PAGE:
ECS is proud to present Dr. Jie Xiao via webinar on November 11, 2020, at 1300h EST.
Electrochemistry in Rechargeable Lithium Metal Batteries
Dr. Jie Xiao
Laboratory Fellow and Group Leader of the Battery Materials & System Group, Pacific Northwest National Laboratory
Arkansas Research Alliance Scholar & Associate Professor, Inorganic Chemistry, University of Arkansas
Date: November 11, 2020
Time: 1300-1400h ET
The thermodynamically unstable nature of lithium metal in liquid electrolytes significantly delays the implementation of high-energy rechargeable lithium battery technology in electrical vehicles. Although many approaches have been proposed to rescue Li metal anodes, most of the work is performed in small-scale coin cells and tested in conditions drastically different from reality. A full knowledge of Li metal activities at the cell level is lacking but extremely critical for the success of developing next-generation rechargeable Li metal batteries.
The webinar opens with a discussion of the root causes of forming Li metal dendrites in liquid batteries from an electrochemistry point of view. Then, we proceed to understanding the implications of Li metal dendrites in realistic high-energy pouch cells. The recent progress of the Battery500 Consortium is discussed to highlight the importance of applying electrochemistry principles to understand, identify, and address the fundamental challenges in realistic battery technologies.
Benefits of attending the webinar
- Electrochemistry underlying Li metal dendrite growth
- Pouch cell level understanding of Li dendrites and their implications in cell performance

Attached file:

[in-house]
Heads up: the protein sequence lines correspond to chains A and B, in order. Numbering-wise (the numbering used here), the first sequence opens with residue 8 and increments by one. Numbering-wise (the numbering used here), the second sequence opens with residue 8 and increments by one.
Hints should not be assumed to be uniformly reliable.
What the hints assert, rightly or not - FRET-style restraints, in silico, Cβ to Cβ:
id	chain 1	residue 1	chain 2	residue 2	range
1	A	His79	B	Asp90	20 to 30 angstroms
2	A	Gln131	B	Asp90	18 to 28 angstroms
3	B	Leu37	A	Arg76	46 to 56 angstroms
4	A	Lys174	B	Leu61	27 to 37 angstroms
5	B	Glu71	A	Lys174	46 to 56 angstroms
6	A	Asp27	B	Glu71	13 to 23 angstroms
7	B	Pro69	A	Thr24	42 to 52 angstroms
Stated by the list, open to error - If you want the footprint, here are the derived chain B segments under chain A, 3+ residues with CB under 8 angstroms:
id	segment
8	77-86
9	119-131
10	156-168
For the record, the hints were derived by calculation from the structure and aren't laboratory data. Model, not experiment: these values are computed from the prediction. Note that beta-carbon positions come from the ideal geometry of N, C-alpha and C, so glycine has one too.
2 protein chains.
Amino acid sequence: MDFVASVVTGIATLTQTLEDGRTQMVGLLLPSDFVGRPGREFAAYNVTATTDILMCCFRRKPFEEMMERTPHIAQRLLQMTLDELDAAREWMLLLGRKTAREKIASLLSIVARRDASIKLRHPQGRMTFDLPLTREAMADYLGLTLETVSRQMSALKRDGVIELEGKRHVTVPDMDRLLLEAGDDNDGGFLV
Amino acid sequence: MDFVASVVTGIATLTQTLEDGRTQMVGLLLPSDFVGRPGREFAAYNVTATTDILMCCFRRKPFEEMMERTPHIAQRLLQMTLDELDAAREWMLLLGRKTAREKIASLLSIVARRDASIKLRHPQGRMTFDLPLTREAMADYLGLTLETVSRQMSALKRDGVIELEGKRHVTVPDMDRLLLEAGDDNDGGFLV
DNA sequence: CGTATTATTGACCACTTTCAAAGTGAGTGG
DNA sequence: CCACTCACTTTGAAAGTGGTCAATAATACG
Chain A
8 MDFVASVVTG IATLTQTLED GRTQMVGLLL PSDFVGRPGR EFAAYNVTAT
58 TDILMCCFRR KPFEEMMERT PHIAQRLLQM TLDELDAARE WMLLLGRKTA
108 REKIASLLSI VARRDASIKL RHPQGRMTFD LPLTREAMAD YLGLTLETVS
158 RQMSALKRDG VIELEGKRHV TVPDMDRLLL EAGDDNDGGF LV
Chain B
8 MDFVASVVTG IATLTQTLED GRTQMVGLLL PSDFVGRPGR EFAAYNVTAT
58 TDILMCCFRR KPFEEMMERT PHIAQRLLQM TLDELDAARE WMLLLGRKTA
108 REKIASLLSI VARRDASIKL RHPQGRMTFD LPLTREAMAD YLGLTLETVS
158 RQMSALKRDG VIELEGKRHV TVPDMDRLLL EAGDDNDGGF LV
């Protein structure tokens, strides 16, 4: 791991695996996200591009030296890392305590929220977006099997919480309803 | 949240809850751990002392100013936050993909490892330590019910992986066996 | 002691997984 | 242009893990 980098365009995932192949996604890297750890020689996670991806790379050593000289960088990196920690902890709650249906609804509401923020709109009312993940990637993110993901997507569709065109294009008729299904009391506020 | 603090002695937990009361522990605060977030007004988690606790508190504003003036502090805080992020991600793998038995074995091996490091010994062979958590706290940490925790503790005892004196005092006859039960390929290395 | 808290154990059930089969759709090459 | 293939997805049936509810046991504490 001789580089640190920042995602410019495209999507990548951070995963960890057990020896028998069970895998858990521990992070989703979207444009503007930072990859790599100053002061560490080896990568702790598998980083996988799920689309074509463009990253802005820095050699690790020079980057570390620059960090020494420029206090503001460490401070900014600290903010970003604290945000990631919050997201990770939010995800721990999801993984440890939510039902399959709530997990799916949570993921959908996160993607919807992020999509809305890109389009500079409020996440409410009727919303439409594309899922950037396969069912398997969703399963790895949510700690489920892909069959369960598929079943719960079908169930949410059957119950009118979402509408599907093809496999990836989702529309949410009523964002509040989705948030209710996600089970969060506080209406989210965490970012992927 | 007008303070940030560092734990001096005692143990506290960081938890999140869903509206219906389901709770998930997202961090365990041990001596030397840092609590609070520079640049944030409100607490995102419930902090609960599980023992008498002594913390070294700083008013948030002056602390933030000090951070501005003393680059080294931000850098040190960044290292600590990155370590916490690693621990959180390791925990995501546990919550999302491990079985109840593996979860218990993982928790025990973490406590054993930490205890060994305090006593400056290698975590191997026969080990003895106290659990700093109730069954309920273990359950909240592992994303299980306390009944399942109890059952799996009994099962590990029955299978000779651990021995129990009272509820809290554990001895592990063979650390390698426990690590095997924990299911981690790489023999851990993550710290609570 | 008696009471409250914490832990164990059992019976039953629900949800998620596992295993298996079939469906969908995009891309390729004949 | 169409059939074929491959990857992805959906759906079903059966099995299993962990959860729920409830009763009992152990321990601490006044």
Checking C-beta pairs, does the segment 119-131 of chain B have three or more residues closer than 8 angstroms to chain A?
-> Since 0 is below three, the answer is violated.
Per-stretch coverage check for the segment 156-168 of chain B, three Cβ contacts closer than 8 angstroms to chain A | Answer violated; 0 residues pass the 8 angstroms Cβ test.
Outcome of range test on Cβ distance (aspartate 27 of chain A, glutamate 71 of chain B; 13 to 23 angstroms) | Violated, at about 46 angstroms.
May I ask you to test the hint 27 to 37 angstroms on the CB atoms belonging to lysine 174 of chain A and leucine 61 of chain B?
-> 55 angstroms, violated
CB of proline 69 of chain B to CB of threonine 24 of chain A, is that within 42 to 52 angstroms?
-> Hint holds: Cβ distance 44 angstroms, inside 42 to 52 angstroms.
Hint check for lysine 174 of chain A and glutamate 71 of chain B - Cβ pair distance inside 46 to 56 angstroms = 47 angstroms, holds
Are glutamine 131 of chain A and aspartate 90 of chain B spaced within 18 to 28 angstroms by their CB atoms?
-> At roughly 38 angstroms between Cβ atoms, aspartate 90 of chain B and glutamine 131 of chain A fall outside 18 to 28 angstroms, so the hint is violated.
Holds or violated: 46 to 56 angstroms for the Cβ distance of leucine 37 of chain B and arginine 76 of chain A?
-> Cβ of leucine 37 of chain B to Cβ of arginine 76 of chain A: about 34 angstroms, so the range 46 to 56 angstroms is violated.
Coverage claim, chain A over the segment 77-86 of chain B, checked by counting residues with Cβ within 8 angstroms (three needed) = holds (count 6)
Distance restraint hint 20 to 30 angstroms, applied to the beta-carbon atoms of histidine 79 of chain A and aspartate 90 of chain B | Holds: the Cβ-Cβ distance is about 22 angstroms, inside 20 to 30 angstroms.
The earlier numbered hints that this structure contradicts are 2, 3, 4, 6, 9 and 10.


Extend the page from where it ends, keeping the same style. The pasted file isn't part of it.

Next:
- Bridge the scientific gap between academic research and industry needs
Dr. Jie Xiao
Dr. Jie Xiao is currently a Laboratory Fellow and Group Leader of the Battery Materials & System Group at the Pacific Northwest National Laboratory. She holds a joint position at the Department of Chemistry & Biochemistry at the University of Arkansas. Xiao is an ECS Fellow and serves as the ECS Battery Division Secretary. She received her PhD in Materials Chemistry from the State University of New York at Binghamton. Xiao has been leading research on practical applications and the fundamental study of energy storage materials and systems, spanning from microbatteries for acoustic fish tags to advanced battery technologies for vehicle electrification and grid energy storage. She has published more than 100 peer-reviewed journal papers, two book chapters, and holds 17 US patents in the energy storage research area. Xiao has been a top 1% Clarivate Analytics Highly Cited Researcher since 2017.
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